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150W LED streetlight that doesnt use the metal of the street lamp as heatsink...why?

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The following below document (RDR-32) is for a 150W PFC’d LED streetlight.

Its noticeable that the schematic on page 8 simply shows the earth connection being simply connected directly to the neutral. Surely this is not wise as RCD’s could be tripped?

Surely for the sake of common mode noise mitigation, it would be best to have Y capacitors from live and neutral being connected to the earth connection? The schematic on page 8 shows no Y capacitors in the mains input section. Isn’t this a missed trick?

Another point is that in a streetlight, the pole itself is earthed, and the streetlight head itself is inevitably metal and is directly fasted to the earthed pole. In other words, the metal casing of the streetlight head is also earthed. It surely makes sense, to use the metal head of the streetlight as a heatsink. –If one does not do this, then one has to isolate the metal head of the streetlight from the earthed pole, and surely this is a waste of time?

Anyway, the RDR-32 document never speaks about using the earthed streetlight metal as a heatsink. Indeed, for the PFC stage, it recommends heatsinking the Boost FET and diode bridge to primary side DC bus ground. –Surely this is missing a trick?......i mean, you have a big chunky metal streetlight head, why haven’t they used it is a heatsink?

Is it because they fear getting more common mode noise if they use an earthed heatsink for heatsinking the power switching FETs? Even then, surely it would be best to still use the earthed streetlight enclosure as a heatsink, and then just use a bigger common mode choke in order to mitigate the common mode noise problem?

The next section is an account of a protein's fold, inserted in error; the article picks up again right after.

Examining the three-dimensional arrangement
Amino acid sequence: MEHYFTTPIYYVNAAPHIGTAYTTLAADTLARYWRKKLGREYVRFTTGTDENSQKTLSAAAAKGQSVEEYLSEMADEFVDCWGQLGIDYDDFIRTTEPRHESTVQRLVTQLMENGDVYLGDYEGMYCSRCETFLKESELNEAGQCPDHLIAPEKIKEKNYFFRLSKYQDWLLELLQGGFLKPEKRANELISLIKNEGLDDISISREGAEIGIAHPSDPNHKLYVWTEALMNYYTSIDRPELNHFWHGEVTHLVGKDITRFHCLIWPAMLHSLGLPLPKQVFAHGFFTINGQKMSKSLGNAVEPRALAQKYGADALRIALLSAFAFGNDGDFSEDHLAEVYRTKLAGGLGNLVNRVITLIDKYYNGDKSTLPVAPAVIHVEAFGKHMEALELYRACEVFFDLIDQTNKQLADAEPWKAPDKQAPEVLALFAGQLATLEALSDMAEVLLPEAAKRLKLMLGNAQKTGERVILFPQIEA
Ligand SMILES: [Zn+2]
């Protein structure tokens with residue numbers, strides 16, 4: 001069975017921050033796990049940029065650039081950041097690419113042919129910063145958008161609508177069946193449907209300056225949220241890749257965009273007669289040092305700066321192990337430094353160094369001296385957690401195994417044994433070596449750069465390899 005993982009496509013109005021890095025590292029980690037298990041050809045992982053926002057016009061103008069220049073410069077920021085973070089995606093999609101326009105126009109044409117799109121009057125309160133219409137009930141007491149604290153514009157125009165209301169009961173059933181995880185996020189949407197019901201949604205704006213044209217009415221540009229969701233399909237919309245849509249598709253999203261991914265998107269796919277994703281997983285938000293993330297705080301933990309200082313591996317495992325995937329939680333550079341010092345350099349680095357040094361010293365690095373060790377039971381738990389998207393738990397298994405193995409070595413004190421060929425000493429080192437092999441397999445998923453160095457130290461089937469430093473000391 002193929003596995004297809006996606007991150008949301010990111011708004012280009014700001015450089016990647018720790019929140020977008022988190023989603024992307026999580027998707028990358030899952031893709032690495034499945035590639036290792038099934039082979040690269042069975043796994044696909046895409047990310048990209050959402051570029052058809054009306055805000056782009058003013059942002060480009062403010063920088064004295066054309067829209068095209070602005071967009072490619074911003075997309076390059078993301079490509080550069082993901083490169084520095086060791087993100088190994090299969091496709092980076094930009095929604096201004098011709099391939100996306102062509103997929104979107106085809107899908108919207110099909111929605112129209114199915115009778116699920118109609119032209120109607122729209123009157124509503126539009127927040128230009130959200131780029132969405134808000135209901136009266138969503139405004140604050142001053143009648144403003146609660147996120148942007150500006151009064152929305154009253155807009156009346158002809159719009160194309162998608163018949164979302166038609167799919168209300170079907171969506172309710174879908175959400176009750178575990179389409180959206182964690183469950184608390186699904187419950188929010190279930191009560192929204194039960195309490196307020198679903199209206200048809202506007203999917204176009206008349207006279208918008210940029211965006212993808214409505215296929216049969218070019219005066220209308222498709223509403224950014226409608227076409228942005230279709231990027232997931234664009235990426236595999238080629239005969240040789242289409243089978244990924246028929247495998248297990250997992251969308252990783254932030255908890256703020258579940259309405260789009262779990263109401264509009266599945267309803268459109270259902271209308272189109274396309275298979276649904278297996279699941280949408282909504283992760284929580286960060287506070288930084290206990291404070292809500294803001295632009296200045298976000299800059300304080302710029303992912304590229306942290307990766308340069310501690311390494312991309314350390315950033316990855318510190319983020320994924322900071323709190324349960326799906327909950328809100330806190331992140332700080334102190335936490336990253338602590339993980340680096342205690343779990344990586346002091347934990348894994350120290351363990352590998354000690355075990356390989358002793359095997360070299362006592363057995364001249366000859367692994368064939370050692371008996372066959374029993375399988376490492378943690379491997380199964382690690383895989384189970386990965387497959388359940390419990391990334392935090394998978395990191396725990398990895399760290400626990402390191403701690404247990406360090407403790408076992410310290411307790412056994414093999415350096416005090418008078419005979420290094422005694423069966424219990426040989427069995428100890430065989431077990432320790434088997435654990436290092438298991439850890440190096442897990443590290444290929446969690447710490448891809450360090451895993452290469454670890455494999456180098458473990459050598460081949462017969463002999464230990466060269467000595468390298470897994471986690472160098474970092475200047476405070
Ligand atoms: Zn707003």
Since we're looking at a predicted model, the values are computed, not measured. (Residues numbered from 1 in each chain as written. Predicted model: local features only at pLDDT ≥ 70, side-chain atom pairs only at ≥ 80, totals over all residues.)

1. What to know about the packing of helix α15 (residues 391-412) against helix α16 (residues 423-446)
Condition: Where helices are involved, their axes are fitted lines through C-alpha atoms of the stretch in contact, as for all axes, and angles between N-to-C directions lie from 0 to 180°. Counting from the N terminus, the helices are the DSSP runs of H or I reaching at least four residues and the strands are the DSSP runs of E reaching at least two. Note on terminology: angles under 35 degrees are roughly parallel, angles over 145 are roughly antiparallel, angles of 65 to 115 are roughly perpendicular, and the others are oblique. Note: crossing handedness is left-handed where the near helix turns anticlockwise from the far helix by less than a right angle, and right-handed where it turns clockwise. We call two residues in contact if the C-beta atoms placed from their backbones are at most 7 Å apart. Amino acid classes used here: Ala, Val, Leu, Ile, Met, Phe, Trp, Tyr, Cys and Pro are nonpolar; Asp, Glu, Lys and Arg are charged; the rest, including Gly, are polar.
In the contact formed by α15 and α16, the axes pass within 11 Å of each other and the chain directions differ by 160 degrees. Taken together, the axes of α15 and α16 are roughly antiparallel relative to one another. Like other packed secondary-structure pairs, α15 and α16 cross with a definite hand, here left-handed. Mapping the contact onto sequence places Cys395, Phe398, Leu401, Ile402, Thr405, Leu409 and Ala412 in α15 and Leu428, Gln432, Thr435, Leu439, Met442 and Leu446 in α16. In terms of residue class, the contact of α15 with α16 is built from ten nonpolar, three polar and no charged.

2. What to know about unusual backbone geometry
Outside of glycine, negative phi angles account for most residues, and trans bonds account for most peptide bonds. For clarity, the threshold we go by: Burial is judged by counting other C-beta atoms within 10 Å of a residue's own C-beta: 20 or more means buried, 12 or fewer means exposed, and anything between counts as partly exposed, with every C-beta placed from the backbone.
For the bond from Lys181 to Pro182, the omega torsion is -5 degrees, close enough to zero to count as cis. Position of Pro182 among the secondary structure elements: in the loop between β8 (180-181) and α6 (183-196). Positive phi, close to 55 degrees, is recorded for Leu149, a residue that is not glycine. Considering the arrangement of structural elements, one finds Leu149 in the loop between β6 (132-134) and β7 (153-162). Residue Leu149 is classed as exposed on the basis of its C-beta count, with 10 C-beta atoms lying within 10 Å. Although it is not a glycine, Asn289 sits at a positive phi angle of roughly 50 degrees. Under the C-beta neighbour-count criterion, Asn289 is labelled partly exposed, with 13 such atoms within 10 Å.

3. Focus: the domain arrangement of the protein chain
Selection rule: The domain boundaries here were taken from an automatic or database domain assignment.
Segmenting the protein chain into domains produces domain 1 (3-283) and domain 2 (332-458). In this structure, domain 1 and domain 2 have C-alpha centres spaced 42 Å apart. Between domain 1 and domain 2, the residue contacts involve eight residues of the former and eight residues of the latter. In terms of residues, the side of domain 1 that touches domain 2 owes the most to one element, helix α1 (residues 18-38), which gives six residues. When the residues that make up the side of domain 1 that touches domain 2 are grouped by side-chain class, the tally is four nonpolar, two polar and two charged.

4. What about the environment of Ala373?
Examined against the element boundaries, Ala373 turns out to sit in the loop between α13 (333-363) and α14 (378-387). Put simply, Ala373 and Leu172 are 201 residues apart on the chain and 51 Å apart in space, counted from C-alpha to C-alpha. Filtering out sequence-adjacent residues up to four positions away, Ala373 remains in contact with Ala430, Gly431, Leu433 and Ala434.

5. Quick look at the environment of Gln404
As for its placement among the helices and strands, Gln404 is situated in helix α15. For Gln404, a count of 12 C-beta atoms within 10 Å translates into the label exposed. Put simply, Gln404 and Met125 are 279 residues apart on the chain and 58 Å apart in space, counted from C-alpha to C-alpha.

I mean, they have a big metal streetlight..why are they not using the streetlight superstructure itself as the heatsink?...i mean..it’s going to be there anyway. I appreciate that its earthed but earthed heatsinks are not at all uncommon.

RDR-32 (150W LED streetlight)


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No experience with street lights, but here's a thought...

You wouldn't be able to retrofit that LED into an existing lamp fixture that was designed to use a sodium bulb and would have different (and not necessarily standardized) heatsinks.

Even if the existing lamp fixture was designed to use LEDs it places too many restrictions on the PCB and where components have to be on the PCB, and the lamp fixture itself. Street lamps stay in service for many, many, many years and at some point that specific LED will probably be unavailable when a replacement is needed.

It's the convenience and maintainability of modularity vs elegance of integration.
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